by Steph Venables, Marine Megafauna Foundation
Science is all about answering questions.
One of the things I love most about it, is that there are still so many things that we don’t know, and so many questions to be answered…
It’s no secret that schooling hammerheads were the number one goal of the recent Off the Chart Expedition to the Banda Sea. Our dive schedule was tailored specifically to fit in as much hammertime as possible and over the course of the week. We spent hours (literally) gazing out into the blue, waiting for a glimpse of those weird and wonderful creatures as they swam past.
Whether it was a single shark, or a group of over a hundred, the encounters were impressive and mesmerizing. The schools seemed to go on forever as they swam past, more sharks than you could count, and those were just the ones we could see!
Hammerheads belong to the family Sphyrnidae. Only 2 of the 9 species of hammerhead (yep, that’s right, there are 9 different species) are known to aggregate in large schools. Sometimes in groups of hundreds.
These are smooth (Sphyrna zygaena) and scalloped hammerheads (S. lewini). Schools typically form during the day around seamounts and remote oceanic islands and the sharks disperse at night to hunt – hammerheads typically feed on fish, squid, octopus, crustaceans and sometimes even stingrays and smaller sharks.
The more well-known locations to witness these spectacular schools include Wolf and Darwin islands in the Galapagos, Espiritu Santo (Sea of Cortez), Cocos and Malpelo islands (Eastern Tropical Pacific), Layang Layang (Malaysia) and more recently in Indonesia’s Banda Sea.
The question is why do they school?
The answer… we don’t really know.
Schooling is typically seasonal in most locations and we aren’t exactly sure where the sharks go when they leave these aggregation sites. There are a number of theories as to why hammerheads school. These include hunting, mating, socializing and protection.
Some schools are primarily made up of females, ranging in size and maturity from larger adults to smaller adolescents. There appears to be a dominance hierarchy among the group. The largest, fittest females in the middle of the school and the smaller females surrounding them on the outskirts. Males will typically swim into the middle of the school when looking for a mate. This ensures the males are mating with the biggest and more reproductively fit females.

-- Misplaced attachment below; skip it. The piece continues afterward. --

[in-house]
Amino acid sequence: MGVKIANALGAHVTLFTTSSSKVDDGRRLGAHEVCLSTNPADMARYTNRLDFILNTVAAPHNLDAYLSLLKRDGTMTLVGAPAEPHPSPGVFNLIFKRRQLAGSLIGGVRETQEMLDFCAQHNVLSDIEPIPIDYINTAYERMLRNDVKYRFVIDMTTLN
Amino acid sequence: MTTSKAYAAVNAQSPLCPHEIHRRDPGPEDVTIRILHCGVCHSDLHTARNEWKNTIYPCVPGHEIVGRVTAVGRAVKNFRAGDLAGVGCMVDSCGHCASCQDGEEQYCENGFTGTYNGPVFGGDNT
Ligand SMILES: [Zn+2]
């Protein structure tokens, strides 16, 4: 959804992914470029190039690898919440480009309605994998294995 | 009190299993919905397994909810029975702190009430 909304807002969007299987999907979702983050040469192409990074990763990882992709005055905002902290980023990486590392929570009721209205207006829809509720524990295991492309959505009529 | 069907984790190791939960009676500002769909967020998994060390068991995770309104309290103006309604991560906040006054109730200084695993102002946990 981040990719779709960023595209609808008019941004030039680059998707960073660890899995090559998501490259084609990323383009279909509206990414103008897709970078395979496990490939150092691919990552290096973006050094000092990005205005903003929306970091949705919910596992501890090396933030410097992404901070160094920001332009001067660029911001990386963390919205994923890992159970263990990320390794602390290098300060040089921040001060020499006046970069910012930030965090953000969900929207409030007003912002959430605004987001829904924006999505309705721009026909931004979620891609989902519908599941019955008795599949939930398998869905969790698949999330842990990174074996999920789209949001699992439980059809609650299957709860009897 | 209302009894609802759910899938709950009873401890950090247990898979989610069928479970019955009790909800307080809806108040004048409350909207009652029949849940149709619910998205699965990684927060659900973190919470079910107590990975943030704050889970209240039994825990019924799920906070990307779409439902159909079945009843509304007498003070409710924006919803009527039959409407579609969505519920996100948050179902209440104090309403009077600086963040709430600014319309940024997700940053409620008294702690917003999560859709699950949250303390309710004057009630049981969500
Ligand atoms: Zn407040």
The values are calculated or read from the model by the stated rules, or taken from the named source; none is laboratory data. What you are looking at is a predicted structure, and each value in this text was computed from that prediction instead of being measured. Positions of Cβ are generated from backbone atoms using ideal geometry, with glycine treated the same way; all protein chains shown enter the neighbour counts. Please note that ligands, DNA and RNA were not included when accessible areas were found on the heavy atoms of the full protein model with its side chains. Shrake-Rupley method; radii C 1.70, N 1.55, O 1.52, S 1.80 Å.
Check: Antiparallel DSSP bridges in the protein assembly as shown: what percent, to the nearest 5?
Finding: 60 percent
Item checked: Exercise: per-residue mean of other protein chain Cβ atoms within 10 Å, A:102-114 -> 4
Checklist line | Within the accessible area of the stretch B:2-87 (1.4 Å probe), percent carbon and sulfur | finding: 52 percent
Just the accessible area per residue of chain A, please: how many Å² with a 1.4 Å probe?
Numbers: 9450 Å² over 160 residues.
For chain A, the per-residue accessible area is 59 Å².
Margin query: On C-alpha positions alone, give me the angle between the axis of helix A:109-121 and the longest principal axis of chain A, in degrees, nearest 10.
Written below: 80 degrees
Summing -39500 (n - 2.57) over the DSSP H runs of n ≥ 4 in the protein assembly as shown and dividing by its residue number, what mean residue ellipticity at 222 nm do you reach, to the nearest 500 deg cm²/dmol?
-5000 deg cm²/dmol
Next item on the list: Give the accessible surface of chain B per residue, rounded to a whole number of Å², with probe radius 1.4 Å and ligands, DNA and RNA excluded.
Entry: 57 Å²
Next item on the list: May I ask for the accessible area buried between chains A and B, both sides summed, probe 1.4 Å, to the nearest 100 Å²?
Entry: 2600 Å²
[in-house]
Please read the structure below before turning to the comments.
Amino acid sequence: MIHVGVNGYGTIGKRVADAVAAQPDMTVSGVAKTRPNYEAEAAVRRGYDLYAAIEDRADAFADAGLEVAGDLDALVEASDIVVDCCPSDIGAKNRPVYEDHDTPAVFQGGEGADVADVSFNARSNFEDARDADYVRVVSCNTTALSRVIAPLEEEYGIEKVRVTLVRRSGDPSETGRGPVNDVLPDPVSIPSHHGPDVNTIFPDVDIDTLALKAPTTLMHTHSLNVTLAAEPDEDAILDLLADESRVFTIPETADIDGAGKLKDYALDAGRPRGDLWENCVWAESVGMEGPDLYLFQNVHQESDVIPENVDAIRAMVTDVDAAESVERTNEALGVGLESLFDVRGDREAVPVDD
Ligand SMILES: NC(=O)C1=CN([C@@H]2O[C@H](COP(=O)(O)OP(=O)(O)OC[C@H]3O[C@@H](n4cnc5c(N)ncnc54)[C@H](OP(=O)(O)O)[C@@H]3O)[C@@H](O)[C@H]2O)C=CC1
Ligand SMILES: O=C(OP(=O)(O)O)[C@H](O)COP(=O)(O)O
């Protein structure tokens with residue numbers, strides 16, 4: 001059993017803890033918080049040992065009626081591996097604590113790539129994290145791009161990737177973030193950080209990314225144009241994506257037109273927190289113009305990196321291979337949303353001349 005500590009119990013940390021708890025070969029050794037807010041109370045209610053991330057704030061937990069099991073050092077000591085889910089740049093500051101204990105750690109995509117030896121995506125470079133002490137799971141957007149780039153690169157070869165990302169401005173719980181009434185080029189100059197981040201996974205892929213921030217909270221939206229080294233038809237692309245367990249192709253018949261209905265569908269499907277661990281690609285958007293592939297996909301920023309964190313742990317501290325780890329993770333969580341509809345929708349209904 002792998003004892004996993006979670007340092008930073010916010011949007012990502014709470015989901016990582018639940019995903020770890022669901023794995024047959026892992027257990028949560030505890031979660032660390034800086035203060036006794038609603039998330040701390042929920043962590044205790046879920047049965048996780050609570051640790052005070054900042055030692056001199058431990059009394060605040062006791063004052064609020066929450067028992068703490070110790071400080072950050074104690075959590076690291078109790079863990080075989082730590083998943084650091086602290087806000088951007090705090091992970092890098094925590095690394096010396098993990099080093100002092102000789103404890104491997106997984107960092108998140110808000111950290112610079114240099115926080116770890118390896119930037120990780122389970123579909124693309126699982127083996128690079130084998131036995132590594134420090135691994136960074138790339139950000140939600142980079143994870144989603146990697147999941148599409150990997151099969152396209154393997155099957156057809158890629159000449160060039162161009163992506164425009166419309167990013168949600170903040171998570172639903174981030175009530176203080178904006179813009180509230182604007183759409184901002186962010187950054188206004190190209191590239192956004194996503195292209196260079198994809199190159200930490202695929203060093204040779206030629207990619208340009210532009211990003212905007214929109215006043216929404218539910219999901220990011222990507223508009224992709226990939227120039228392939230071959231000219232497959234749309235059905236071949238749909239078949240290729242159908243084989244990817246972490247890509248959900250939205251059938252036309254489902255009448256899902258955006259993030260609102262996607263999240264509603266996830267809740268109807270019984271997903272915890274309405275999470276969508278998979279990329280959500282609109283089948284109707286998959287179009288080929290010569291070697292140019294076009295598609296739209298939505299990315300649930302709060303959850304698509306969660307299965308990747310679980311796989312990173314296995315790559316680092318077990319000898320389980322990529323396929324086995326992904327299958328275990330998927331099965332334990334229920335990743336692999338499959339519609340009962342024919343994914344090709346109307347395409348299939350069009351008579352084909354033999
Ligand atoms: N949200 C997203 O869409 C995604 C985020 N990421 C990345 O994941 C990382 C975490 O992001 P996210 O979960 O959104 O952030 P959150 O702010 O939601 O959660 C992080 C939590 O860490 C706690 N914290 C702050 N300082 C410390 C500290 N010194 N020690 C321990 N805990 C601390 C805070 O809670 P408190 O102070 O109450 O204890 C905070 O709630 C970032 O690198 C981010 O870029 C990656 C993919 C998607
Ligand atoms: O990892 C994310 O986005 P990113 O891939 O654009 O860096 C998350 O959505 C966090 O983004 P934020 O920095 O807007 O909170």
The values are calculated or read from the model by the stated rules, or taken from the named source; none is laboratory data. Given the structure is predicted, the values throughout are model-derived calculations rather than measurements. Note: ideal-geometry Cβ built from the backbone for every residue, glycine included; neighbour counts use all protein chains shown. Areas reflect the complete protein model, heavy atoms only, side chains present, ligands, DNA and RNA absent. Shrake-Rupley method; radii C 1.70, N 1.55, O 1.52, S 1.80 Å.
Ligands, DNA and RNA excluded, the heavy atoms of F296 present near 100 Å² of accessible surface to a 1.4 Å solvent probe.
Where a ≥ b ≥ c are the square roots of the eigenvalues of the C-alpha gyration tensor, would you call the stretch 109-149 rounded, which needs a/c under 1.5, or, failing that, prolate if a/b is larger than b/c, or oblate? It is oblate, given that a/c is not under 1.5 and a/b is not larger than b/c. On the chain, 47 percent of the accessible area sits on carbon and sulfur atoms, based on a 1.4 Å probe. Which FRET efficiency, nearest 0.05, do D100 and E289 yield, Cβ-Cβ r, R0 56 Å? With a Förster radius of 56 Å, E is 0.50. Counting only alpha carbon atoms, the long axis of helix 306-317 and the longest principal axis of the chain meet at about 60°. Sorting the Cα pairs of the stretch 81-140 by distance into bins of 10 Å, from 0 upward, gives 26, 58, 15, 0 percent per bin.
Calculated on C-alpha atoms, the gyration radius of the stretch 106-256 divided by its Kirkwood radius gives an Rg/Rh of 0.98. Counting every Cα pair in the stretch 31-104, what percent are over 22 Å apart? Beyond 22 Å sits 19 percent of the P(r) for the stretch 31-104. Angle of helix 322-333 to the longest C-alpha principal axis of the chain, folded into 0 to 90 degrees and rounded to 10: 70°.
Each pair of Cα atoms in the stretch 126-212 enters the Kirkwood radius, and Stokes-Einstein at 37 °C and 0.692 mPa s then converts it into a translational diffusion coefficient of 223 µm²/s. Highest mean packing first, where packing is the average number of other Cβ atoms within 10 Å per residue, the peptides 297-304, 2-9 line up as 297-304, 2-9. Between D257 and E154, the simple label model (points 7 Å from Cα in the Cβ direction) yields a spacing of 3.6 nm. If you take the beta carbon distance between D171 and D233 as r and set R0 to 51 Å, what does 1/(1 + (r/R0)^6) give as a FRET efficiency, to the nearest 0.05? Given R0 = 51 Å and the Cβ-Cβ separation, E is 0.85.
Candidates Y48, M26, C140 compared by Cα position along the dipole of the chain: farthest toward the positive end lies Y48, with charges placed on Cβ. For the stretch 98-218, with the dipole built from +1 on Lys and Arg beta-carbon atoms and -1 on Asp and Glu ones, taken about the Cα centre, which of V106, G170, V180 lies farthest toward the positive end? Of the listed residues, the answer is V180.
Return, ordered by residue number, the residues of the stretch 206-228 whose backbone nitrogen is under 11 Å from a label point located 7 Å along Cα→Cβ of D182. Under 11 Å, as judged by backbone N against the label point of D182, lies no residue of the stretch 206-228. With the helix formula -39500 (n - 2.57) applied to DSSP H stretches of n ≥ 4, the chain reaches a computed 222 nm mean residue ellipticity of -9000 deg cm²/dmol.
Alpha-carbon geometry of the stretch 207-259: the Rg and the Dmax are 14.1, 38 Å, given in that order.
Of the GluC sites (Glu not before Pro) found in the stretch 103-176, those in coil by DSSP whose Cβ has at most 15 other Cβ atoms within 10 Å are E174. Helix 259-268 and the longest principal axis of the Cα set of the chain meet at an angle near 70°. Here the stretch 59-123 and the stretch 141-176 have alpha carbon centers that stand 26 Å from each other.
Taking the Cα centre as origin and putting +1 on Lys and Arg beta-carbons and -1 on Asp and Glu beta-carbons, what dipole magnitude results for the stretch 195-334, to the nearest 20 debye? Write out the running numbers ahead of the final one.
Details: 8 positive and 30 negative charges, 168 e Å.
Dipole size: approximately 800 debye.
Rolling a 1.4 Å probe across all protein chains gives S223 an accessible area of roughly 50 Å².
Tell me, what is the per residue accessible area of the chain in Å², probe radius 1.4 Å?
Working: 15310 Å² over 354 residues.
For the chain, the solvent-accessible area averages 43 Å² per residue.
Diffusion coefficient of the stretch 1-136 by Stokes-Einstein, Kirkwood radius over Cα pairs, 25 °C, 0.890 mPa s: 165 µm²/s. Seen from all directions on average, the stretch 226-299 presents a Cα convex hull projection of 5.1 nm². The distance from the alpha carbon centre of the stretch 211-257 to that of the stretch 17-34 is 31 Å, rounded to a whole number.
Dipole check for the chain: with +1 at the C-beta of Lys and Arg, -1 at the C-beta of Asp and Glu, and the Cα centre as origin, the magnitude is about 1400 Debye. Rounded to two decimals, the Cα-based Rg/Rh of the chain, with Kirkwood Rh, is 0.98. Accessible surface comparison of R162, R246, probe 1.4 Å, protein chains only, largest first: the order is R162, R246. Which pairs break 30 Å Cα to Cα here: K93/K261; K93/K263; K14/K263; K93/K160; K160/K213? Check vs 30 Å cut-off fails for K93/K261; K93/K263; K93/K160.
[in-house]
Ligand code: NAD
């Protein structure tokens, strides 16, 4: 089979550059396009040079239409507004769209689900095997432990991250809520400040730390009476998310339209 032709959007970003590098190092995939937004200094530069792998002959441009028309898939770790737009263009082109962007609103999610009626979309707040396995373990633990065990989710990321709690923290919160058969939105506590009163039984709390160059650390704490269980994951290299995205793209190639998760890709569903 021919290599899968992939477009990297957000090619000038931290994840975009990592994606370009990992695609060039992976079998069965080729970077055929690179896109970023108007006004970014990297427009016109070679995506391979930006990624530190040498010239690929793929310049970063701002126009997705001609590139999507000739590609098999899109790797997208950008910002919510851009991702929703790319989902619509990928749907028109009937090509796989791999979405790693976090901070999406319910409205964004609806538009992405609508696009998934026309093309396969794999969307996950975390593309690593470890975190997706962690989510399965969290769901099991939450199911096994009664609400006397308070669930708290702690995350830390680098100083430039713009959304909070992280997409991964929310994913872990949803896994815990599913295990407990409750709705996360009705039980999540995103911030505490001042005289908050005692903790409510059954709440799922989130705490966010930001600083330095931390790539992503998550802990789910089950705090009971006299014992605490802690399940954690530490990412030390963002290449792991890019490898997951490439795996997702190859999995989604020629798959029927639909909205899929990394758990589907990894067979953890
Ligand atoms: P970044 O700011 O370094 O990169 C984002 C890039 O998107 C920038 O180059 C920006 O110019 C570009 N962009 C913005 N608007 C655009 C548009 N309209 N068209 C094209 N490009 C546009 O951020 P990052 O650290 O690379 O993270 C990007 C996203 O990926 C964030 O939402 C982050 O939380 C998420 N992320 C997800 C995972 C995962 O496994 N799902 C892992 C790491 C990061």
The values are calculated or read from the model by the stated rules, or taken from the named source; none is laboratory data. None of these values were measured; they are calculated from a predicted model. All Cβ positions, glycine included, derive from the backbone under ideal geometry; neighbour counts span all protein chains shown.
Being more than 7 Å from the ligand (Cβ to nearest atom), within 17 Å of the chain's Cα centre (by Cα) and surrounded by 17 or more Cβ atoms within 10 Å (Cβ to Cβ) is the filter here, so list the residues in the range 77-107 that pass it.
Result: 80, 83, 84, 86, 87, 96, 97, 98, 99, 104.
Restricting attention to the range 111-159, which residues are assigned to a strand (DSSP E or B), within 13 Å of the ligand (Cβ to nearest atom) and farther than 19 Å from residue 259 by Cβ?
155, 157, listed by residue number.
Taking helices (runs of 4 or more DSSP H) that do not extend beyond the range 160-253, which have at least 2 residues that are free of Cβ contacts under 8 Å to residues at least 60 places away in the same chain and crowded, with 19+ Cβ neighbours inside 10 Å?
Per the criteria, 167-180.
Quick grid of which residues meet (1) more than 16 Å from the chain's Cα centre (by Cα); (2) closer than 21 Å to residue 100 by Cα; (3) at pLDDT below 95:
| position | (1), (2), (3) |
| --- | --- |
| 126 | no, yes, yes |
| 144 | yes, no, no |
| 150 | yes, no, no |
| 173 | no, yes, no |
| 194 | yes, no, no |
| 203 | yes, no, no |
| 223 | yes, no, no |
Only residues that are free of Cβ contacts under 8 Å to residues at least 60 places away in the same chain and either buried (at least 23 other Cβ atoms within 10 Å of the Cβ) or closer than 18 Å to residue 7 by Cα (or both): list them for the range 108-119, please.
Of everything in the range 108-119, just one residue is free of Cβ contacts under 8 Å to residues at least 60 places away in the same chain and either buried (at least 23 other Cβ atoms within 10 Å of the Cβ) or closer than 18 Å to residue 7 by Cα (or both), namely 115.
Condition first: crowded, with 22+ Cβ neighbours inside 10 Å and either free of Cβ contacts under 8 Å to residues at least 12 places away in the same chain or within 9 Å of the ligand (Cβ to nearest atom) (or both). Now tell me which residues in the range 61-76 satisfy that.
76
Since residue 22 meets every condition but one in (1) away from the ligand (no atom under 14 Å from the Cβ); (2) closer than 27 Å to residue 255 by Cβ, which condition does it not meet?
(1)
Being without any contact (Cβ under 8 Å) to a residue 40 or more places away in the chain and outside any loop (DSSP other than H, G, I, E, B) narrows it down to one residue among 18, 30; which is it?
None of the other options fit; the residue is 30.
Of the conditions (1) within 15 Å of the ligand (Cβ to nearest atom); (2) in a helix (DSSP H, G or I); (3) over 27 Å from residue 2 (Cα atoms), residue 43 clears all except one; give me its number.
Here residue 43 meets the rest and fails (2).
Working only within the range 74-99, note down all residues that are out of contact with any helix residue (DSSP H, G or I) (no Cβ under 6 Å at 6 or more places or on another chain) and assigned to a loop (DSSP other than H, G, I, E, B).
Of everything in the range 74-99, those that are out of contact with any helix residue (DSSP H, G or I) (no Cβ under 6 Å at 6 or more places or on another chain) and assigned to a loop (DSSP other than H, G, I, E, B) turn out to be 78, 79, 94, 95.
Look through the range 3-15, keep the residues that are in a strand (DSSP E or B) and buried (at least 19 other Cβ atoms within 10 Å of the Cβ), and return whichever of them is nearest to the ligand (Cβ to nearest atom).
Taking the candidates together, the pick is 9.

Known as “refuging”, where these areas serve as social meeting places conveniently located close to areas of high food availability. The seamounts or islands may be used as an undersea landmark. Where sharks can interact socially during the day. Then they disperse after sunset to find dinner.
Scalloped hammerheads have just had their conservation status updated from Endangered to Critically Endangered on the IUCN red list of threatened species , and understanding their behavior and movement patterns is important in being able to provide them with effective protection measures in the future.
Some things we do know…
Hammerheads are one of the most recognizable shark species, thanks to the unusual shape of their head. This is known as a ‘cephalofoil’ and has a number of benefits from providing greater lift and increased stability when turning to enhancing senses and even pinning down prey.
Hammerheads, like humans, have binocular vision and their eyes are positioned on either side of the head. Having wider set eyes increases the extent of the sharks visual range, and improves depth perception, therefore improving their vision. On top of this, hammerheads possess electroreception (like all sharks) and use hundreds to thousands of small pores in their skin called ‘Ampullae of Lorenzini’ to detect the electromagnetic fields that are emitted by all living things. They use this sense to detect prey. For hammerheads the cephalofoil provides a wider surface area for these pores, which are also more concentrated on the lower surface than they would be for other sharks, enabling them to use their heads to find prey as we would use a metal detector to find buried treasure (or car keys).
An added bonus
Great hammerheads (which can grow to 6 m long) have been witnessed using their broad head to pin stingrays to the ocean floor.
So they can eat them. Sweet party trick!